April 2010
Volume 51, Issue 13
ARVO Annual Meeting Abstract  |   April 2010
Longitudinal Analysis of Orthokeratology Outcome for Myopia Correction in Comparison With Other Lenses and Spectacles
Author Affiliations & Notes
  • E. Okada
    Okada Eye Clinic, Yokohama, Japan
  • K. Kimbara
    Okada Eye Clinic, Yokohama, Japan
  • K. Iyanaga
    Okada Eye Clinic, Yokohama, Japan
  • N. Tabei
    Okada Eye Clinic, Yokohama, Japan
  • T. Hidaka
    Okada Eye Clinic, Yokohama, Japan
  • M. Nagasaki
    Okada Eye Clinic, Yokohama, Japan
  • T. Yokoyama
    Okada Eye Clinic, Yokohama, Japan
  • H. Kamezawa
    Okada Eye Clinic, Yokohama, Japan
  • N. Mizuki
    Dept. of Ophthalmol. and Vis. Sci, Yokohama City Univ. Sch. of Med., Yokohama, Japan
  • Footnotes
    Commercial Relationships  E. Okada, None; K. Kimbara, Alpha Corporation Co., Ltd, C; K. Iyanaga, None; N. Tabei, None; T. Hidaka, None; M. Nagasaki, None; T. Yokoyama, None; H. Kamezawa, None; N. Mizuki, None.
  • Footnotes
    Support  None.
Investigative Ophthalmology & Visual Science April 2010, Vol.51, 1528. doi:
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      E. Okada, K. Kimbara, K. Iyanaga, N. Tabei, T. Hidaka, M. Nagasaki, T. Yokoyama, H. Kamezawa, N. Mizuki; Longitudinal Analysis of Orthokeratology Outcome for Myopia Correction in Comparison With Other Lenses and Spectacles. Invest. Ophthalmol. Vis. Sci. 2010;51(13):1528.

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      © ARVO (1962-2015); The Authors (2016-present)

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Purpose: : To report the outcome of Orthokeratology (OK) for myopia correction in comparison with other types of contact lenses and spectacles.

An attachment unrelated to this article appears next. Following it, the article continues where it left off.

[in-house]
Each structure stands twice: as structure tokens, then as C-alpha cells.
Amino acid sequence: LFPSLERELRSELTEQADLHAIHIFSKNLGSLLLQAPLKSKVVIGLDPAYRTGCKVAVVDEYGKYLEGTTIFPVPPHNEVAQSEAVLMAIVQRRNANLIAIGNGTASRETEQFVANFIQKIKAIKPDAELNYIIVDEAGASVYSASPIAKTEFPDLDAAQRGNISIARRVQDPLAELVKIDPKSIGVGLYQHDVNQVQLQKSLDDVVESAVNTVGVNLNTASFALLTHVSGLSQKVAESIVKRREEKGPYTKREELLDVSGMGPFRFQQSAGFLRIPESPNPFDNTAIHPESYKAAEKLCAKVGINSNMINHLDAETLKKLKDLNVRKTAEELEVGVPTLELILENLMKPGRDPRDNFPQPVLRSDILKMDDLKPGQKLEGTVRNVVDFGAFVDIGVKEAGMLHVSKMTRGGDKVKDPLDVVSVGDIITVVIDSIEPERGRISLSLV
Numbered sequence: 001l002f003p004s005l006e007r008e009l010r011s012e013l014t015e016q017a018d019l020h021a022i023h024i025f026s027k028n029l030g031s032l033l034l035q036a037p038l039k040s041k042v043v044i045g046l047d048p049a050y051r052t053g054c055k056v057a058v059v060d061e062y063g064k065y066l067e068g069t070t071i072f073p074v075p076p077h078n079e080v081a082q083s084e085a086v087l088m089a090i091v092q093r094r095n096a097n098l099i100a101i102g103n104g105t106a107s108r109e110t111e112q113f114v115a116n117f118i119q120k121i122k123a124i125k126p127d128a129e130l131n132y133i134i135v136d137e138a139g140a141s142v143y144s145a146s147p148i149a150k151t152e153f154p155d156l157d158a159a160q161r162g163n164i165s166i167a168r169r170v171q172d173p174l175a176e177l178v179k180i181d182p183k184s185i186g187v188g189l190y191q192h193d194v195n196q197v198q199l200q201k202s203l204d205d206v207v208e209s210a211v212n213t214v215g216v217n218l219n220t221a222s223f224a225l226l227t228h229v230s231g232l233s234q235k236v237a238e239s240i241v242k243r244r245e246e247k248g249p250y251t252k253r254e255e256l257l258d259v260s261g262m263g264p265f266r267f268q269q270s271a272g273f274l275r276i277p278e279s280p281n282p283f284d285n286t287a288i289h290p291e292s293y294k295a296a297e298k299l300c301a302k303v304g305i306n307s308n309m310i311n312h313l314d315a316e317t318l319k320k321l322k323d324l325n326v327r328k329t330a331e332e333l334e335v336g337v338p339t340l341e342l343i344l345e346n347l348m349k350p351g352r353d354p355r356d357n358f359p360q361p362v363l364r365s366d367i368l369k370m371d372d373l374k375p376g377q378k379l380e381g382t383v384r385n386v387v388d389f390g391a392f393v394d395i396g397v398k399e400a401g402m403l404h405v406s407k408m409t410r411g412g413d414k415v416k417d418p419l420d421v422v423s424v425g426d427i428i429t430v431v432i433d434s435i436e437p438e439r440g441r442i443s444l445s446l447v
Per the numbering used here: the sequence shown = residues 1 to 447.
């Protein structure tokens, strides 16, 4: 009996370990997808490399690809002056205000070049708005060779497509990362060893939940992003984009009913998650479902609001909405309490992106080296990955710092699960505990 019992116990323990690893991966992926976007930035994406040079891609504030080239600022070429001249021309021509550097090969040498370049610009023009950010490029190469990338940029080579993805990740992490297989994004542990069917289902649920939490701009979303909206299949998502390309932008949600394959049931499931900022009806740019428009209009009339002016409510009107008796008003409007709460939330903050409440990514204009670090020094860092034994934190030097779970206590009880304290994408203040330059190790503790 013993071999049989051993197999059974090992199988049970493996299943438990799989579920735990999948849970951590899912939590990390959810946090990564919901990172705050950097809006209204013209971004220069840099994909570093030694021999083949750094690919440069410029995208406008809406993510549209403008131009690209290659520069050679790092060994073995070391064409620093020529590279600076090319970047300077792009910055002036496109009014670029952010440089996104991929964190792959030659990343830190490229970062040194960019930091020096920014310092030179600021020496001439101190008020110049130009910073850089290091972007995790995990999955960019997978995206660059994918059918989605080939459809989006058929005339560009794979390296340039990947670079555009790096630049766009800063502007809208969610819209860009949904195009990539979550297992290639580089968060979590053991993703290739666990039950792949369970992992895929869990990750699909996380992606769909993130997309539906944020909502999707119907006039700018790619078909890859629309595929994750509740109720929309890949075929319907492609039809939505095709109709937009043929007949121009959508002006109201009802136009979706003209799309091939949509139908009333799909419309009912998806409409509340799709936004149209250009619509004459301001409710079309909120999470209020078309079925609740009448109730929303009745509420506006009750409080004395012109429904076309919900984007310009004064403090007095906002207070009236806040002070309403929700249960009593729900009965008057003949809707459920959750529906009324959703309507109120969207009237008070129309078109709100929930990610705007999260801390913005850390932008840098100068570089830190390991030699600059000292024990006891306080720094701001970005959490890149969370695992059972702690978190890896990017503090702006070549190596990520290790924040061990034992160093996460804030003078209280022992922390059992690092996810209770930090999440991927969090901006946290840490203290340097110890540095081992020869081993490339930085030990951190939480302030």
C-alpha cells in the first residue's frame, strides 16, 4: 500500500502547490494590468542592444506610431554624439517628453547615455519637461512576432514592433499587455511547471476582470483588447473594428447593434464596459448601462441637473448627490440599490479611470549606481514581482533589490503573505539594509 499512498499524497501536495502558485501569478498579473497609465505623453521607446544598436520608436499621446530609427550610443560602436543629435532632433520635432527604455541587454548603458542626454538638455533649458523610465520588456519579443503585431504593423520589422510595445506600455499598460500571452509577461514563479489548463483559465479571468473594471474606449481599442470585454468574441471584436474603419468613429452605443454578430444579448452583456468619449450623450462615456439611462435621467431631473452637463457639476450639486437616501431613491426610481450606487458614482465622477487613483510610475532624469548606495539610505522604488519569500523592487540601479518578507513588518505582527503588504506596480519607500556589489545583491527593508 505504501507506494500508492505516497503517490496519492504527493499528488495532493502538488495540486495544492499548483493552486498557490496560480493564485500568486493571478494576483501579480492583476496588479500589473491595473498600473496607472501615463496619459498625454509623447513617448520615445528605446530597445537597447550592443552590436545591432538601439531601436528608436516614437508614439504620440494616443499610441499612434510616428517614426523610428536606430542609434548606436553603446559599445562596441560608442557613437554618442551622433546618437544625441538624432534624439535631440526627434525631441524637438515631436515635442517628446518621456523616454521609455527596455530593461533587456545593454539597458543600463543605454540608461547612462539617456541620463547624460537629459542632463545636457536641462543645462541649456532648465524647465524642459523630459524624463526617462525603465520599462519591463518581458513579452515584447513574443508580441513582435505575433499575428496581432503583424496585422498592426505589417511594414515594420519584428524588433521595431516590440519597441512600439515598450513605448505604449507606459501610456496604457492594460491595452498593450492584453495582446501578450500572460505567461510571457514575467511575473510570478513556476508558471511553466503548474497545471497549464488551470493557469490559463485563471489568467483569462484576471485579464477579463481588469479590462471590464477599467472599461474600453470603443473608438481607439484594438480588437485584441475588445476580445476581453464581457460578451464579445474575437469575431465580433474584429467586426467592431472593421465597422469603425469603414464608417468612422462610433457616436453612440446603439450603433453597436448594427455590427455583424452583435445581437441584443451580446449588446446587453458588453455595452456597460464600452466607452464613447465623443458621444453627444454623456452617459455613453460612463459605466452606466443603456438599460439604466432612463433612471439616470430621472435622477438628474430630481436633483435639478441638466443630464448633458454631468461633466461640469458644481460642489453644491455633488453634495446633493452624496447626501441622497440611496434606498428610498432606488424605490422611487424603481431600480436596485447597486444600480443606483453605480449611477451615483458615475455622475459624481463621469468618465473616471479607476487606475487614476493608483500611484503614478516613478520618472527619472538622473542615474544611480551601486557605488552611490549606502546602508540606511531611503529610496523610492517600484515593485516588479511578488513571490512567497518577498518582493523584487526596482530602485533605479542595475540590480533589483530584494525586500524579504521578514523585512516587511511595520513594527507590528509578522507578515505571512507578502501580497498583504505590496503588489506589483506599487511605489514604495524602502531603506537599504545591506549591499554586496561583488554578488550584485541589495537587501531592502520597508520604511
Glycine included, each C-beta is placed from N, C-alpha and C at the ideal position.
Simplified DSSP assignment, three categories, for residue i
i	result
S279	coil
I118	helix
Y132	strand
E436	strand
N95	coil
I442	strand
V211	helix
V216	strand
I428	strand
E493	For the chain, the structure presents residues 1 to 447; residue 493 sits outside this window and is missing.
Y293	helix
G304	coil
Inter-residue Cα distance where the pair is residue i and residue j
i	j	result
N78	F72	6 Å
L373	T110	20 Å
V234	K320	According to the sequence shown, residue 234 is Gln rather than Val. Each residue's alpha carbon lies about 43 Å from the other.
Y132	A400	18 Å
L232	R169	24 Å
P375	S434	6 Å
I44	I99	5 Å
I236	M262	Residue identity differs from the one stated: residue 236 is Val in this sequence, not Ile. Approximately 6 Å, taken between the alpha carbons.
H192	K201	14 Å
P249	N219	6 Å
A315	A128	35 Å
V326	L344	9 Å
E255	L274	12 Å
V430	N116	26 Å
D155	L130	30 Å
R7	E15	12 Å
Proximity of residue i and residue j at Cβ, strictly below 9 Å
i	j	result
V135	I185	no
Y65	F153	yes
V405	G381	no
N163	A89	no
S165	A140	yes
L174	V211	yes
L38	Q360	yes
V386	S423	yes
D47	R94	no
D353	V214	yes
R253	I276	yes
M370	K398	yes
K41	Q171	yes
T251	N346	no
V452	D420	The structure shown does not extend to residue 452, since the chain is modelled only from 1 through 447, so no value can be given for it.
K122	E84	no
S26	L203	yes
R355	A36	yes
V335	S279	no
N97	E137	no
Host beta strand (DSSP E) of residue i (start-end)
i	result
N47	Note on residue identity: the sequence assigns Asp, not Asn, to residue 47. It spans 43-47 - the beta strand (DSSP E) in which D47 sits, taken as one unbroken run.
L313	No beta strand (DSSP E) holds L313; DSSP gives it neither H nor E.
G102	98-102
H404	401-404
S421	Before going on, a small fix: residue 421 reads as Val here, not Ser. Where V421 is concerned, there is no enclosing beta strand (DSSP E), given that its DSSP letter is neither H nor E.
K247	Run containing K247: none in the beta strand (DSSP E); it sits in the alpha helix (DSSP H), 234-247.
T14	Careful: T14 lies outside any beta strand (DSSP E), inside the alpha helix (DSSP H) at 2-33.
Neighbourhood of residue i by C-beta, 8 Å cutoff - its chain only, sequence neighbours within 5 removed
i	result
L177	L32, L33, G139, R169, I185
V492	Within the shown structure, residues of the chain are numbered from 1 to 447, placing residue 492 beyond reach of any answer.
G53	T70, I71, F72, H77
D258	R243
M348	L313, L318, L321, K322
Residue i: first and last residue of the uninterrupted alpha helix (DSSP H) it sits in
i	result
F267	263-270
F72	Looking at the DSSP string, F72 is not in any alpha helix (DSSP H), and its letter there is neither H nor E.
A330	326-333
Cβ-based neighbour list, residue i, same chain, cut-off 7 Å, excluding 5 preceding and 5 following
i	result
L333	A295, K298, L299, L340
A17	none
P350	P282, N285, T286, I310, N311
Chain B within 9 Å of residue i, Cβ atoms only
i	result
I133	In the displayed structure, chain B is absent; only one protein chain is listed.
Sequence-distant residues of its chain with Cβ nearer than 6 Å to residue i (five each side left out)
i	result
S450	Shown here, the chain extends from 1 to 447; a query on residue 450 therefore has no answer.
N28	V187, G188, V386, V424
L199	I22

Methods: : This retrospective study was made on 740 eyes of 371 myopic patients who were prescribed for OK lenses at Okada Eye Clinic for five years from 2004 to 2009. The data analyzed for longitudinal efficacy and safety of OK were taken from patients who attended at least one one-year follow up examination. This data was compared with the clinical data of other soft and hard lenses and spectacles patients.

Results: : The ages ranged from 8 to 62 years on commencing OK (mean 26 years). The male: female ratio was 1:1. Ninety-nine percent were bilateral users. The mean k-reading at the flat meridian of the subjects was 42.73 D (39.50 to 45.25) on the initial visit and with OK this had reduced to 41.25 D (37.75 to 44.25) by the final visit. The mean refraction was spherical -3.20 D (0.00 to -9.50) and cylinder -0.59 D (0.00 to -1.75) and this was reduced to spherical +0.03 D (+1.50 to -1.50) and cylinder -0.50 D (0.00 to -2.00) respectively. The mean LogMAR visual acuity improved from 1.12 (0.1 to 1.7) to -0.01 (-0.2 to 0.7). Eighty-five percent of the subjects achieved the target power correction within spherical ±0.50 D. Eight percent and three percent reported lens breakage and loss respectively. The drop out rate was 11% and 66% did not attend the 1-year follow up. Over the five years the following complications were observed: slight-to-moderate superficial punctate keratitis (SPK) 14%, allergic conjunctivitis 9%, and dry eye 3%. These complications were observed with other soft lenses in 3%, 9%, and 3% and with hard lenses in 5%, 6%, and 2% of cases respectively. In patients under 18 years old, over the five year period the mean spherical power tended to increase yearly for myopia correction with soft lenses by -0.18 D, hard lenses by -0.42 D, and spectacles by -0.31 D while OK patients stayed with the initial corrective power.

Conclusions: : This longitudinal analysis supports the positive usefulness of OK which results in good clinical outcomes for the correction of myopia and showed a suppression effect against myopic shift. SPK was seen more frequently however, with OK than with other lenses, and the no-show rate for follow up was high. Periodic follow-up should be maintained carefully for OK along with proper direction and education to the patients to prevent severe complications.

Keywords: contact lens • myopia • clinical (human) or epidemiologic studies: outcomes/complications 

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